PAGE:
* The strength, edge protection and smoothness parameters have been implemented as exponential controls on the TGVDenoise interface. We have already used exponential controls in the AdaptiveStretch tool. These controls allow you to work in scientific notation, which gives you quick and easier control for parameters with very large ranges. Each parameter is divided into four fields that work in tandem: a large edit field where you can enter the parameter's value directly, a small edit field to enter the coefficient in the range from 1 to 9.99, a slider to change the coefficient value with the mouse, and a spin box where you can define the exponent. In future versions of the TGVDenoise tool, most of these parameters will probably be implemented differently, once we improve our knowledge of their practical ranges.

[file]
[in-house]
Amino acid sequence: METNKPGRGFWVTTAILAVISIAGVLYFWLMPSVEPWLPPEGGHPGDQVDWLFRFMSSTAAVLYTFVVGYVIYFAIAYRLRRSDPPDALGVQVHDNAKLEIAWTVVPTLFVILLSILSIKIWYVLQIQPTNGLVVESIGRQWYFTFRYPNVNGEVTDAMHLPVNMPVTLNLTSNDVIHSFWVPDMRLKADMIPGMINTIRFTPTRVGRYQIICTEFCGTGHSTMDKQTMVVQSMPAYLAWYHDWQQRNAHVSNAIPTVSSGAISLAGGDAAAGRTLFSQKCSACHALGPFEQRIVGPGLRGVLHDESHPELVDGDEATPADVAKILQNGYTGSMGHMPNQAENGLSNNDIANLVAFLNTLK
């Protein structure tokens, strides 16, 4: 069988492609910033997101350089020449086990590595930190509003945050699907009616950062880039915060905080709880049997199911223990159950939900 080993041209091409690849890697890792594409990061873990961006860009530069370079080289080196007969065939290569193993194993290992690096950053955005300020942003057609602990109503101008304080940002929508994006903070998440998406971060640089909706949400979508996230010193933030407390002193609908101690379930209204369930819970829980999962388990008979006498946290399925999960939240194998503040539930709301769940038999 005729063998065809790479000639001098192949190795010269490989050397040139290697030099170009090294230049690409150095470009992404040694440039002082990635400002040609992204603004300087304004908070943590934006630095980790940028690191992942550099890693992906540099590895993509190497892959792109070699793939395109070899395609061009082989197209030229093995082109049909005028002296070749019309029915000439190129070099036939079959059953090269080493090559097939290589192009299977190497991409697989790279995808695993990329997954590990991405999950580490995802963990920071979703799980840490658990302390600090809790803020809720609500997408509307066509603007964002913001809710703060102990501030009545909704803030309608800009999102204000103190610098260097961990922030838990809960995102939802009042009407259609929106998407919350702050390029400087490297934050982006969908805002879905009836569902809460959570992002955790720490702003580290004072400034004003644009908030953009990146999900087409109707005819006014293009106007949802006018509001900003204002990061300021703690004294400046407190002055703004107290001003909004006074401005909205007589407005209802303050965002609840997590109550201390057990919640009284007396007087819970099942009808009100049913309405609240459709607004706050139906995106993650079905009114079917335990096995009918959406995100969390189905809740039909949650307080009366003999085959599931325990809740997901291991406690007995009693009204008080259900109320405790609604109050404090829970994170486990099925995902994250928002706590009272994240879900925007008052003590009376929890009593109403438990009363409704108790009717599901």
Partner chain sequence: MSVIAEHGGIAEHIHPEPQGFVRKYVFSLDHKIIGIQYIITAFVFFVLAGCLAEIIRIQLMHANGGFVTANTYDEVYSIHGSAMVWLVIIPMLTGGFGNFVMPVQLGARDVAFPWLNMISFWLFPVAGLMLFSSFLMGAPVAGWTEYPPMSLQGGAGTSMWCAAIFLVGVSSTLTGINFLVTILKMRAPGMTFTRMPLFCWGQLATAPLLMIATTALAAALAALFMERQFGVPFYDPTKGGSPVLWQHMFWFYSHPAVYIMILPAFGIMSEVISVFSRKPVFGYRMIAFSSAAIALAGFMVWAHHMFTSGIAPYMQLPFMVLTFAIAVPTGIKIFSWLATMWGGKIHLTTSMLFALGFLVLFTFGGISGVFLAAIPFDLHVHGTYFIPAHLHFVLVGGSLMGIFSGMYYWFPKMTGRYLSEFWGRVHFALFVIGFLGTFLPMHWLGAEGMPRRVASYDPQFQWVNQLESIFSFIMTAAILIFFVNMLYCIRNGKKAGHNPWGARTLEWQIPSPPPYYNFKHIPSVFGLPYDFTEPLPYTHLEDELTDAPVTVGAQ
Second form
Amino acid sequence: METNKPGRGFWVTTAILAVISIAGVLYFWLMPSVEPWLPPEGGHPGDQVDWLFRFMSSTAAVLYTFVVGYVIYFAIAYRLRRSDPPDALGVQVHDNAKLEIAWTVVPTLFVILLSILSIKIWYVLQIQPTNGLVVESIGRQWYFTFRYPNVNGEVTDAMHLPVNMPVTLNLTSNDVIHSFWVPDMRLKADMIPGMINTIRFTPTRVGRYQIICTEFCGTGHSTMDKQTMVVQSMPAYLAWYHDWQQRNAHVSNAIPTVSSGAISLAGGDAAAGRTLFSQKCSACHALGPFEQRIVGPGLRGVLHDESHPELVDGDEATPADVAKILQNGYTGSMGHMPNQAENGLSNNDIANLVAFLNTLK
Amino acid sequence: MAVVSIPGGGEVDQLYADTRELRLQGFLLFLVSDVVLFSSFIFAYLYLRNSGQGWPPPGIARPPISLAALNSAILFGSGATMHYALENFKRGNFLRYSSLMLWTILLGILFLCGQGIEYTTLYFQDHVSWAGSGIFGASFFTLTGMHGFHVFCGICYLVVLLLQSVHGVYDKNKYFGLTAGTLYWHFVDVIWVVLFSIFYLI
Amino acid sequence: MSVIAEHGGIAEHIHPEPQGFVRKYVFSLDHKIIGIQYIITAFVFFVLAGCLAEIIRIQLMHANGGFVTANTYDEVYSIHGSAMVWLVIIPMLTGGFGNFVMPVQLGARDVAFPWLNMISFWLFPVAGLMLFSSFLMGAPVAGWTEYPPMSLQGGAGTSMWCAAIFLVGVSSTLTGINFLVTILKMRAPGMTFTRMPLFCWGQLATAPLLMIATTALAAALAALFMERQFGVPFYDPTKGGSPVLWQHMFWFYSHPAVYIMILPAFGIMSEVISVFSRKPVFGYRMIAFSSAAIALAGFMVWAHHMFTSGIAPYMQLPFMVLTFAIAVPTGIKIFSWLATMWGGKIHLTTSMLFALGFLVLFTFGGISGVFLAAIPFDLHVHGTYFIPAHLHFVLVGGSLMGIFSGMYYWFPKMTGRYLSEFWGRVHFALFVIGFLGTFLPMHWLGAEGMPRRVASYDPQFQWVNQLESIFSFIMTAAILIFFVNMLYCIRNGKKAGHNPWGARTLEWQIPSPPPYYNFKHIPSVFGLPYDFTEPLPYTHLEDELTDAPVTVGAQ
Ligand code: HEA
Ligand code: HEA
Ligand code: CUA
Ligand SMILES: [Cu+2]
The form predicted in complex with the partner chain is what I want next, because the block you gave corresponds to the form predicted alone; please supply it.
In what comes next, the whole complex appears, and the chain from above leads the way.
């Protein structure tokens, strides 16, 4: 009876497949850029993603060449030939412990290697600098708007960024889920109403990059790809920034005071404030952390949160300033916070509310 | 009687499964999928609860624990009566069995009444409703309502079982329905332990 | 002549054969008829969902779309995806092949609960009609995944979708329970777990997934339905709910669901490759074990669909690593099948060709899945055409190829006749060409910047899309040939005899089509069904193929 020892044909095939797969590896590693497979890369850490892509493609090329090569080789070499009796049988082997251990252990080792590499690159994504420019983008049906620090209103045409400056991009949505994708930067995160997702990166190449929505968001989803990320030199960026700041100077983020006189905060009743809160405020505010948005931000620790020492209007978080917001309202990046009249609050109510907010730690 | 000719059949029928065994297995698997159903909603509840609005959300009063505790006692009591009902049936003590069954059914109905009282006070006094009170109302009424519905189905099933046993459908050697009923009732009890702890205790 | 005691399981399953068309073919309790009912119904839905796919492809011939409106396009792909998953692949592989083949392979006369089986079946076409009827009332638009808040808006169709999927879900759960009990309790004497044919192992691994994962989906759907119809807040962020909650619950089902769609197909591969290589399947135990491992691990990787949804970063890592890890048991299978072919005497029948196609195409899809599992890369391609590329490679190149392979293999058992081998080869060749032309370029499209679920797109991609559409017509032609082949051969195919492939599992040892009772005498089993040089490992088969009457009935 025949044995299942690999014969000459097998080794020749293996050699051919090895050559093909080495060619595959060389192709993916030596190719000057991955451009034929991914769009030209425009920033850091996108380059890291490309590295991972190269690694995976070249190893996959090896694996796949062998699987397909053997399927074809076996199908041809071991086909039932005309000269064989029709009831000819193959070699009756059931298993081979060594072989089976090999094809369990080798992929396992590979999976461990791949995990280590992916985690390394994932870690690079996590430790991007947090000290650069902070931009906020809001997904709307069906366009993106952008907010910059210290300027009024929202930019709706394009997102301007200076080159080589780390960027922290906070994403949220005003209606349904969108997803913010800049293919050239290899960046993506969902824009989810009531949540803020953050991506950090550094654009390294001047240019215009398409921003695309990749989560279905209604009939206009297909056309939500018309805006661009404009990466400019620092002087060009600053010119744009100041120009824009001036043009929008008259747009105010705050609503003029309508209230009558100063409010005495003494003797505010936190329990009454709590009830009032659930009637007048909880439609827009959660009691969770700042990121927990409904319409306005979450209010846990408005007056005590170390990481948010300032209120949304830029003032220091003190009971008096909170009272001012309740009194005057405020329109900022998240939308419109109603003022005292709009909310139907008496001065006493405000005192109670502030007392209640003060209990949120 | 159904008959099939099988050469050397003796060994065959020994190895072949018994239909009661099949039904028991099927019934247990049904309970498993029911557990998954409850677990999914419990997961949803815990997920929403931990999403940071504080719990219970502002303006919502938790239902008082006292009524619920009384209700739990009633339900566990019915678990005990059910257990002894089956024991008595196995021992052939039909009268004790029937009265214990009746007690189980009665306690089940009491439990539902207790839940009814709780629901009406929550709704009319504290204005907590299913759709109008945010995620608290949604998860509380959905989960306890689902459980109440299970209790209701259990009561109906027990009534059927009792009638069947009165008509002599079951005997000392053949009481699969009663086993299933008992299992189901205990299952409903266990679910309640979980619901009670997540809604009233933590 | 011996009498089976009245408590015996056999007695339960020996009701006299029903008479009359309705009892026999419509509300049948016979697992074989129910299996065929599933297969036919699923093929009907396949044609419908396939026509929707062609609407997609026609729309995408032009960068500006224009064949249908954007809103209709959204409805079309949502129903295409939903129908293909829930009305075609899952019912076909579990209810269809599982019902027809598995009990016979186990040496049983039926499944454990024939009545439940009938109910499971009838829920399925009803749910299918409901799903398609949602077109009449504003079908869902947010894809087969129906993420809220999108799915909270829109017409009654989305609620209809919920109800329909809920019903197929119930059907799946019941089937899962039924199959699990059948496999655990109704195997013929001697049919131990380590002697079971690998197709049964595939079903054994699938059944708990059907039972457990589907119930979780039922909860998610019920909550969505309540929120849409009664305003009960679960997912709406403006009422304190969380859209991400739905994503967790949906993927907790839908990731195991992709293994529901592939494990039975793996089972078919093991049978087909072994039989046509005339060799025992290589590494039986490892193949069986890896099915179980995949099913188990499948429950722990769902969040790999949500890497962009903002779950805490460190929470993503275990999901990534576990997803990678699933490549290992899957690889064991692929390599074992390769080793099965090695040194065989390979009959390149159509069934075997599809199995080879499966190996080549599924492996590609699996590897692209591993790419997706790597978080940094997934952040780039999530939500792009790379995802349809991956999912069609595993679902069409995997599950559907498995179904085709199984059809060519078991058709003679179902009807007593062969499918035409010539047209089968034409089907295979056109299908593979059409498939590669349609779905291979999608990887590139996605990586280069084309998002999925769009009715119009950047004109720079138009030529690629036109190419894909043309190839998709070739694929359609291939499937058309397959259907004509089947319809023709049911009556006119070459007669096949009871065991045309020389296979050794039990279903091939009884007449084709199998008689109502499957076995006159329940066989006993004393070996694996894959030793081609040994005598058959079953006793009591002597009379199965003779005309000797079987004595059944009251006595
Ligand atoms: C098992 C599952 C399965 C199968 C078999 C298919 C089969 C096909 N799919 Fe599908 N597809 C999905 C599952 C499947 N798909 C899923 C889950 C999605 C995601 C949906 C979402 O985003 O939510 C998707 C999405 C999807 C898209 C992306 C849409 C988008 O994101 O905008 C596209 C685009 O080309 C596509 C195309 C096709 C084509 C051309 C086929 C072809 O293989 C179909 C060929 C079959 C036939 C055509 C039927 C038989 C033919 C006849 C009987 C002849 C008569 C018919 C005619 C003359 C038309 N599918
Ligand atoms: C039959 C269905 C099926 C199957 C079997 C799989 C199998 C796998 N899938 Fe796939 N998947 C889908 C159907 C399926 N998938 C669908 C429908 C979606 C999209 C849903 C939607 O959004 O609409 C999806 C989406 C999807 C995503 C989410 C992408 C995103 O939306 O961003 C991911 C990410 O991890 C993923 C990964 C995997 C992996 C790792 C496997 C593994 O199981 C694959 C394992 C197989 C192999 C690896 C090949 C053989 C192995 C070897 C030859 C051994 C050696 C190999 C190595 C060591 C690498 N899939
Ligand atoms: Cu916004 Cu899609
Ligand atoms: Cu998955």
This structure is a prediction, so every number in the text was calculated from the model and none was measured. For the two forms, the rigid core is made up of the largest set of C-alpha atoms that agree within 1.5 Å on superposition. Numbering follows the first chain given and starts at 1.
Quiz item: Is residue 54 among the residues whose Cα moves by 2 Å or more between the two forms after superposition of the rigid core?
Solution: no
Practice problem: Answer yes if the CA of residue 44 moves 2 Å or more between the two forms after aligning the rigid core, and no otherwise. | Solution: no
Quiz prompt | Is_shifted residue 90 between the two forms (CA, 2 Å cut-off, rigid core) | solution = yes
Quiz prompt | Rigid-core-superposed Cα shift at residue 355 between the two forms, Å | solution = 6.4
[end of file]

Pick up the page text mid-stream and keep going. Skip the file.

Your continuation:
References

[1] Florian Knoll, Kristian Bredies, Thomas Pock and Rudolf Stollberger. Second order total generalized variation (TGV) for MRI. Magnetic Resonance in Medicine 65(2):480-491, 2011.

[2] Kristian Bredies, Karl Kunisch and Thomas Pock. Total generalized variation. SIAM Journal on Imaging Sciences, 3(3):492-526, 2010.

[3] Kristian Bredies. Recovering piecewise smooth multichannel images by minimization of convex functionals with total generalized variation penalty. Submitted for publication, 2012.

[4] Kristian Bredies, Yiqiu Dong and Michael Hintermüller. Spatially dependent regularization parameter selection in total generalized variation models for image restoration. Submitted for publication, 2012.

[5] Chambolle, A., Pock, T. A first-order primal-dual algorithm for convex problems with applications to imaging. J. Math. Imaging Vis. 40, 120–145, 2011.

15
##### General / Re: Batch Processing and Rotator Angle
« on: 2013 May 07 08:38:05 »
Quote
If I image a target on both sides of the meridian

If the only reason to rotate your camera is a meridian flip, then you shouldn't do that if you preprocess your data with PixInsight. Our StarAlignment tool corrects for meridian flip automatically.

Pages: [1] 2 3 ... 259